Book Review: No More Christian Nice Guy

One of the main reasons I submitted a request to be a reviewer for Mind & Media was the chance to educate and understand more of what it means to be a Christian through books written by various authors. One book that I was very interested in reading was No More Christian Nice Guy by Paul Coughlin and I was blessed to respond fast enough to get on the list. The reason I was looking forward to this book was because I personally feel that American liberals and the media are trying to minimize the role of men in our society and I thought that Paul’s book may help give me some ideas to combat this misguided practice.

The full title of the book with tag line is No More Christian Nice Guy: When being nice – instead of good – hurts men, women, and children. Paul makes a distinction between a Christian Nice Guy (CNG) and a Christian Good Guy and details the characteristics of a CNG while providing tips for conversion into a Christian Good Guy. Several questions are posed in the beginning of the book that help you figure out if you or someone you know is a CNG. If you answer Yes to too many then you should really keep reading the book and figure out how to take charge of your life. Some questions really hit home for me, i.e. “When wondering “WWJD”, do you assume a gentle response?” Wow, that is exactly what I used to think when using the WWJD method. If I was getting angry or worked up I would think WWJD and try to turn into a lamb and just take what was going on at the moment. How wrong I was and thanks to Paul I understand what we should really be thinking.

Paul spent time showing how Jesus wasn’t a push over type of guy and stood His ground when He needed to. I see in churches today where men are not encouraged to “Go for it” and are more likely to be instructed how to respond rather than be proactive in society. Many sermons in America tell us things we should not do to avoid sinning where we also need to hear what we should be doing proactively to spread the Word.

I did answer no to many of the questions, but do consider myself a CNG in many areas of my life. Overall, I do have more of a passive nature than an aggressive nature and am quite sacrificial with my time. I devote most of my time outside work to my wife and daughters and have given up a lot of what really interests me (rugby, daily exercise, quiet reading time), which I think was a bit too extreme. That’s not to say that after reading the book I am going to now stop spending time with my family, but I am going to balance my life out a bit more and get involved with activities that help me personally.

Paul provided details about his childhood and while I couldn’t relate because mine was pretty good, it was helpful to understand that many CNG traits are formed when we were young. I think that some of my passivity resulted because I have an extrovert mother who raised me that reduced my need to stand up for myself at times. It is important to sit back and think about your childhood to better understand who you are today and to also help you raise your own children correctly.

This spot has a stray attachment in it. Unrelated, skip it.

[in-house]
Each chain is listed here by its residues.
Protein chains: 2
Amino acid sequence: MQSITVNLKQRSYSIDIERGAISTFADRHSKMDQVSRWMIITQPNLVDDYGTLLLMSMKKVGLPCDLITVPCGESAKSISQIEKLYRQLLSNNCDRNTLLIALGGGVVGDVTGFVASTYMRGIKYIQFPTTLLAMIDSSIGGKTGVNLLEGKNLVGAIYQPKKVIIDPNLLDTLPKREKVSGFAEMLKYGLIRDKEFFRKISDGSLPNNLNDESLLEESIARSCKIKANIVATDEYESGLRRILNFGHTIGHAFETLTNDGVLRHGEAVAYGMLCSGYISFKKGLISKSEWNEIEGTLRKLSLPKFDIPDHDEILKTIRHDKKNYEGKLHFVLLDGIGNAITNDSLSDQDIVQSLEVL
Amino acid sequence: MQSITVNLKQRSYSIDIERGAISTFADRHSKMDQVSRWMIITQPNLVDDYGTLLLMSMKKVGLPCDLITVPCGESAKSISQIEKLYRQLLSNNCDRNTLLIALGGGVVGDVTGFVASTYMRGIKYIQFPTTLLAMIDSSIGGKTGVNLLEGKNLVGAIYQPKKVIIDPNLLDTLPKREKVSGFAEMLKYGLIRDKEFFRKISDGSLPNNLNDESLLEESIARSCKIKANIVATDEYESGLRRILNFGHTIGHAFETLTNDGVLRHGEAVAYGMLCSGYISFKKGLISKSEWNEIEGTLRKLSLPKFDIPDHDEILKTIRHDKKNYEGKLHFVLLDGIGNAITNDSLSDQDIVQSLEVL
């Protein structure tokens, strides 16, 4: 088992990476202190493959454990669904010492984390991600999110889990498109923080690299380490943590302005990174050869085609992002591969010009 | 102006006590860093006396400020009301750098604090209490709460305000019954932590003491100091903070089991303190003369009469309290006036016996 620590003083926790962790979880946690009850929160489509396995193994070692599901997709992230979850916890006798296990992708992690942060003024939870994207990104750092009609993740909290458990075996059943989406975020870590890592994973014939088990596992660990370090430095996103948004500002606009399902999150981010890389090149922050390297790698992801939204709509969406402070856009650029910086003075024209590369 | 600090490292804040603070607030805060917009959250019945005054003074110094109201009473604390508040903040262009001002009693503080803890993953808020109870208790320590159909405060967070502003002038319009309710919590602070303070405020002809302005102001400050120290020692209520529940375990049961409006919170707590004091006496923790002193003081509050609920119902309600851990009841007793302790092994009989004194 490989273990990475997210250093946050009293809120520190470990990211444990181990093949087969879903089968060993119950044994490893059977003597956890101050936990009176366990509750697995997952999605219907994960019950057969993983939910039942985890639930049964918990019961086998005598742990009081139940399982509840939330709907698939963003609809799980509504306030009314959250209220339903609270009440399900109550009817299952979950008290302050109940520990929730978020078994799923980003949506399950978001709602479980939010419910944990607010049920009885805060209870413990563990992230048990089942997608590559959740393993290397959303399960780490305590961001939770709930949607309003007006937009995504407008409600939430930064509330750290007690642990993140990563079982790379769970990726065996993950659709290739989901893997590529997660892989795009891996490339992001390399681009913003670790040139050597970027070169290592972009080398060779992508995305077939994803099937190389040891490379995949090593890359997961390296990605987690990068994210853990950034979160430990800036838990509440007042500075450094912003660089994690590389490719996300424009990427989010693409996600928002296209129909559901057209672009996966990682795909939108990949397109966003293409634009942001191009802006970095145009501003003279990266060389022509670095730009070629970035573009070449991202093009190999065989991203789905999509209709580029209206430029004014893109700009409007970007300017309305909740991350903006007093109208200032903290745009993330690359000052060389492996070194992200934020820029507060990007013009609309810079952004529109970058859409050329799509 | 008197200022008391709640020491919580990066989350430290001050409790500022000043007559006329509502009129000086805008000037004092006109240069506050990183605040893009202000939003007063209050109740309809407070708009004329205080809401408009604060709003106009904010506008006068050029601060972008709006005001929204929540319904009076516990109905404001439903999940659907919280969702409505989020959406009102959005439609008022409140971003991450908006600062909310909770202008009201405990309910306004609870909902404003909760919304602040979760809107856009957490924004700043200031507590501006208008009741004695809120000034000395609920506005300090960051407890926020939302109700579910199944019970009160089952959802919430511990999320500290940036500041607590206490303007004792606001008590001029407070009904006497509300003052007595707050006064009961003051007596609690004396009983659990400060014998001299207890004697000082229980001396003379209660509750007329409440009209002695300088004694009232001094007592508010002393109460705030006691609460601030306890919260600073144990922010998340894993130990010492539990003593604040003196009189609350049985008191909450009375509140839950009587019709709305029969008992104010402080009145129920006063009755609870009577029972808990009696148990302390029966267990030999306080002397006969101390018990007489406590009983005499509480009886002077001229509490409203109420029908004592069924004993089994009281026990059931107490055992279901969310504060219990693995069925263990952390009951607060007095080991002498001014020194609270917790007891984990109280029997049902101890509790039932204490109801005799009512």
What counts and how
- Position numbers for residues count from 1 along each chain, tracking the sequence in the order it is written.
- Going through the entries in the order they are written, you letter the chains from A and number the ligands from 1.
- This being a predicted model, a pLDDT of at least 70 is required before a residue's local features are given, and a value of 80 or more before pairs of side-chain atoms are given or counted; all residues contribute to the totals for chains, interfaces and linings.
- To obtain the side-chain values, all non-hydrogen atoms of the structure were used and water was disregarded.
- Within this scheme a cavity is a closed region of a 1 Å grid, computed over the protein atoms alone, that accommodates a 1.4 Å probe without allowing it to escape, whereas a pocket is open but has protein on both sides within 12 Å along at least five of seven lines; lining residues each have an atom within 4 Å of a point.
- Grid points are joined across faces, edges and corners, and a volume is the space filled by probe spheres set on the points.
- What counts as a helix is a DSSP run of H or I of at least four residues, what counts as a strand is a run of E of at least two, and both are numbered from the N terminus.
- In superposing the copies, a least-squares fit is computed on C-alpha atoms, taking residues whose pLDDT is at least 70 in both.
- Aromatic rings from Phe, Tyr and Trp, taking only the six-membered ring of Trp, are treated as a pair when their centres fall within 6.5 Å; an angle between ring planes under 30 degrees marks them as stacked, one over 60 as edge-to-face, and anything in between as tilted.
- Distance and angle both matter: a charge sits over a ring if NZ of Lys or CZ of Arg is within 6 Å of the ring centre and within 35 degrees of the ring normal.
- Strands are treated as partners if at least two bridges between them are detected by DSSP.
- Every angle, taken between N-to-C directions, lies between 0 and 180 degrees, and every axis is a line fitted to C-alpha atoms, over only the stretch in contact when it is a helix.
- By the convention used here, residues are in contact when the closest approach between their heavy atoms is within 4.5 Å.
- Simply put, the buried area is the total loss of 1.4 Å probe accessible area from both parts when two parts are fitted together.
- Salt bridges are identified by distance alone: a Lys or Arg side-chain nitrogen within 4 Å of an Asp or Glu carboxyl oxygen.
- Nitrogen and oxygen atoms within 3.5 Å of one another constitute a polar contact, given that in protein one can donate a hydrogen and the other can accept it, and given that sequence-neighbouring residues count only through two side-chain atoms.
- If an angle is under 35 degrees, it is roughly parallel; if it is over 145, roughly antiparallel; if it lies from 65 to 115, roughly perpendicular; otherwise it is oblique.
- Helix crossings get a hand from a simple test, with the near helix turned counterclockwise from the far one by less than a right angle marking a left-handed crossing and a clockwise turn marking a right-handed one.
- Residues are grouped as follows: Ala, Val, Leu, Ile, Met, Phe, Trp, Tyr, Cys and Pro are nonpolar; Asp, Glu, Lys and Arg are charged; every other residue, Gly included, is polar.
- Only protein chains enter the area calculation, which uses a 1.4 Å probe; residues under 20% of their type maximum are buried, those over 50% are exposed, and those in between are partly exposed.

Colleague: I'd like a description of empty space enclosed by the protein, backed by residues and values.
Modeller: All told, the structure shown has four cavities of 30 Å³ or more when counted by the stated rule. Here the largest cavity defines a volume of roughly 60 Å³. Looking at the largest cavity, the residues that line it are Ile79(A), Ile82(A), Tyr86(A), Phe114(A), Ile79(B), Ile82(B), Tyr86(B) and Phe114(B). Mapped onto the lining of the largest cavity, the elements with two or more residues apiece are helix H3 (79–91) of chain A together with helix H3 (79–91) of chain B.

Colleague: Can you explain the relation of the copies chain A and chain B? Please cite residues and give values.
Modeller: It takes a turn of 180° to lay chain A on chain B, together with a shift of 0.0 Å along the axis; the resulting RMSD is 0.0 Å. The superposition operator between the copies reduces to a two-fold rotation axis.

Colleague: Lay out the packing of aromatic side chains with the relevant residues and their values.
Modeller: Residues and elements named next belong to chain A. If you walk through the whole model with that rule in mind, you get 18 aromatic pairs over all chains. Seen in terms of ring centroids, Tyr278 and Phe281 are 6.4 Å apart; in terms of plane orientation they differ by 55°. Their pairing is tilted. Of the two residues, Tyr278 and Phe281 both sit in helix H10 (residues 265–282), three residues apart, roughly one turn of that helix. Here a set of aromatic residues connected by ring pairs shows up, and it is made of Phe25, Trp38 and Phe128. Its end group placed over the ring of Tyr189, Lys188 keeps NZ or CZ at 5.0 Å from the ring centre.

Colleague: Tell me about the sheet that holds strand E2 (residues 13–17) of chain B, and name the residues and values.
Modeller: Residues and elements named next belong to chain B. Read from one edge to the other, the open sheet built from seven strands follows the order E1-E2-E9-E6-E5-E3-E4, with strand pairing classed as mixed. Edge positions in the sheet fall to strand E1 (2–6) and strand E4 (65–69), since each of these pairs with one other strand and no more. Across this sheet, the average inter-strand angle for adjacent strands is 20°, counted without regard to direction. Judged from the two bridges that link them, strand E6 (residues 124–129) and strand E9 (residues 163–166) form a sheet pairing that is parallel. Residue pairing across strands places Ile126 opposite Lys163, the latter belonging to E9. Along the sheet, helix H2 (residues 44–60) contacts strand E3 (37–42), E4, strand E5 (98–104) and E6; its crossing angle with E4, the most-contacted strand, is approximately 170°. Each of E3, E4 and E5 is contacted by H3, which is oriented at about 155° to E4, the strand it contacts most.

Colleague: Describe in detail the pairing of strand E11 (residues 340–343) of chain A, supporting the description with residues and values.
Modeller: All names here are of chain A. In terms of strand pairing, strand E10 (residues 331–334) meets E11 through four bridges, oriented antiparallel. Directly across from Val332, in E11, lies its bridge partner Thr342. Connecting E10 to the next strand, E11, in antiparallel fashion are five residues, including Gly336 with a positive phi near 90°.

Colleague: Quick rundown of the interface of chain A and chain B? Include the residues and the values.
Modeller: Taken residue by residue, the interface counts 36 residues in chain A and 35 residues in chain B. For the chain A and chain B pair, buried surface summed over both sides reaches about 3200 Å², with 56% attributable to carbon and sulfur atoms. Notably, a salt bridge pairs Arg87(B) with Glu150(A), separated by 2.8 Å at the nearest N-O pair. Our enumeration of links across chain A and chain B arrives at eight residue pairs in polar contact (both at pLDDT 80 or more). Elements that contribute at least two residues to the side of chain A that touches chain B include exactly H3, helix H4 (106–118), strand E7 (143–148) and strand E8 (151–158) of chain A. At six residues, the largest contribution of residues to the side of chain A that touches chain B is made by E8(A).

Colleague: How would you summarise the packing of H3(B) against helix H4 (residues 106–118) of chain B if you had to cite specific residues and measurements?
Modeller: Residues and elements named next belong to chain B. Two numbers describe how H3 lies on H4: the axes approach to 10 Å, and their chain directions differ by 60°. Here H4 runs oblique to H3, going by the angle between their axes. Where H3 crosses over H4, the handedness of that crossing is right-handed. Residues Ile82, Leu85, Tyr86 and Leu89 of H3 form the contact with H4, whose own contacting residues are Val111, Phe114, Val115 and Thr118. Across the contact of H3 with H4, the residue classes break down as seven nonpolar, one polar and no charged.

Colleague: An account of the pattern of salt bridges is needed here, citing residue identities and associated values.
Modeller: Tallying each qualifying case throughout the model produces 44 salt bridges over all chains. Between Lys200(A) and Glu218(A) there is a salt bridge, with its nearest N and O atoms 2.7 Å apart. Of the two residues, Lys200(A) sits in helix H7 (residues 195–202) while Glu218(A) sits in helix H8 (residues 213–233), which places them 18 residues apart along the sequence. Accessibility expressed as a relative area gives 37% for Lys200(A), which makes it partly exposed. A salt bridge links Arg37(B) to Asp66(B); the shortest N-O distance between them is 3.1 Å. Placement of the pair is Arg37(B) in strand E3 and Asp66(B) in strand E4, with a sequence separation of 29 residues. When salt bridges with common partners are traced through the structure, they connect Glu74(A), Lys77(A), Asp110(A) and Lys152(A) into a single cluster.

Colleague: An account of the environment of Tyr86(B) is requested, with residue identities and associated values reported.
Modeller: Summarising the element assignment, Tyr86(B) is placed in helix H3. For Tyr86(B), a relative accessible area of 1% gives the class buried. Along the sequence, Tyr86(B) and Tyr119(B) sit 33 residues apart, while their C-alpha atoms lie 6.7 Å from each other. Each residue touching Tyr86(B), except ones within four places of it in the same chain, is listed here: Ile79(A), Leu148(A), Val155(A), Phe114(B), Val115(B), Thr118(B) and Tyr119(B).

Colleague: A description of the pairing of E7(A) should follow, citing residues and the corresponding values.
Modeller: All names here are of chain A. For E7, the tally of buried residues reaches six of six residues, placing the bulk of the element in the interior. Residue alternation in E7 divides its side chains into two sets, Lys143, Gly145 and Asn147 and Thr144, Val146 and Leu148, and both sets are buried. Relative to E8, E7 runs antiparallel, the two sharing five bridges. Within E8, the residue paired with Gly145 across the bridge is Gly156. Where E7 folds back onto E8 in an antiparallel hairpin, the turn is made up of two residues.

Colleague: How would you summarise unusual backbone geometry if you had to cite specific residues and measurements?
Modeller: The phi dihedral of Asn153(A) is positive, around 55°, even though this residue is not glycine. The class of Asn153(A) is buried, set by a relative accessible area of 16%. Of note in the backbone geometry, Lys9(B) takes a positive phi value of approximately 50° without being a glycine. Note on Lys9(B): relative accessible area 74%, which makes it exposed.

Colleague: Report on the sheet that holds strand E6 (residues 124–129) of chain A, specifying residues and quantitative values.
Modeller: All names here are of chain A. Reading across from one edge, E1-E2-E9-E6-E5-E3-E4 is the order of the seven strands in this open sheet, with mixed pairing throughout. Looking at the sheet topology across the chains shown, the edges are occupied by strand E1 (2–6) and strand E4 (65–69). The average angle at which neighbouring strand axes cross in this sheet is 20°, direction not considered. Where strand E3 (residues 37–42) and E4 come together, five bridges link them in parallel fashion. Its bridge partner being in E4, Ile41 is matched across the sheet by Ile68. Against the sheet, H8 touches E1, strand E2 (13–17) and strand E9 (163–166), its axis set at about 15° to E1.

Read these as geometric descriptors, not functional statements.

I thought the chapter on how being nice ruins love and marriage was completely spot on as I have had some recent marriage issues that I feel my passivity had a lot to do with. I know my wife likes it when I take a stand and speak up rather than playing the meek and mild person that society expects of men today. As I mentioned above I also was sacrificing too much of myself thinking this was helping my marriage and family, while I was probably making too great of a sacrifice and actually hurting these relationships. Striking a healthy balance can help you grow personally while providing a rock for your family to stand on.

My recent problems with my wife also had to do with lack of intimacy and Paul challenges us Christian men to stand up and shout about the joys of intimacy in marriage. My wife and I are doing much better now as I try to follow this advice and I completely agree with Paul that women are much more attracted to these type of men than a passive nice guy.

Throughout the book, Paul also talks about emotions and how Christian Good Guys shouldn’t be afraid to show them. I personally show my happiness and anger, but rarely cry and show my sadness, disappointment, and other pure emotions and will try to be more open without being a wimpy guy.

Issues at work are also covered in a chapter, but thankfully I didn’t fall into the Nice Guy role here which has a lot to do with the nature of the work that I do and the confidence I have in my abilities. My workplace is also very professional and there are rarely personnel issues to deal with. However, the issues were well covered and addressed in the book and I can see how they apply to many in the workplace.

The last couple chapters tell you how to move from being a CNG to being a Christian Good Guy and I am personally trying to apply those methods to my life since I see real value from being a Good Guy rather than a Nice Guy. If you are a Christian man or know one then I highly recommend you check out this book. I look forward to seeing how being a Good Guy can impact my life and the lives of those around me as I take a stand for being a man.

I also recommend you check out the interview with Paul Coughlin that Stacy Harp produced.

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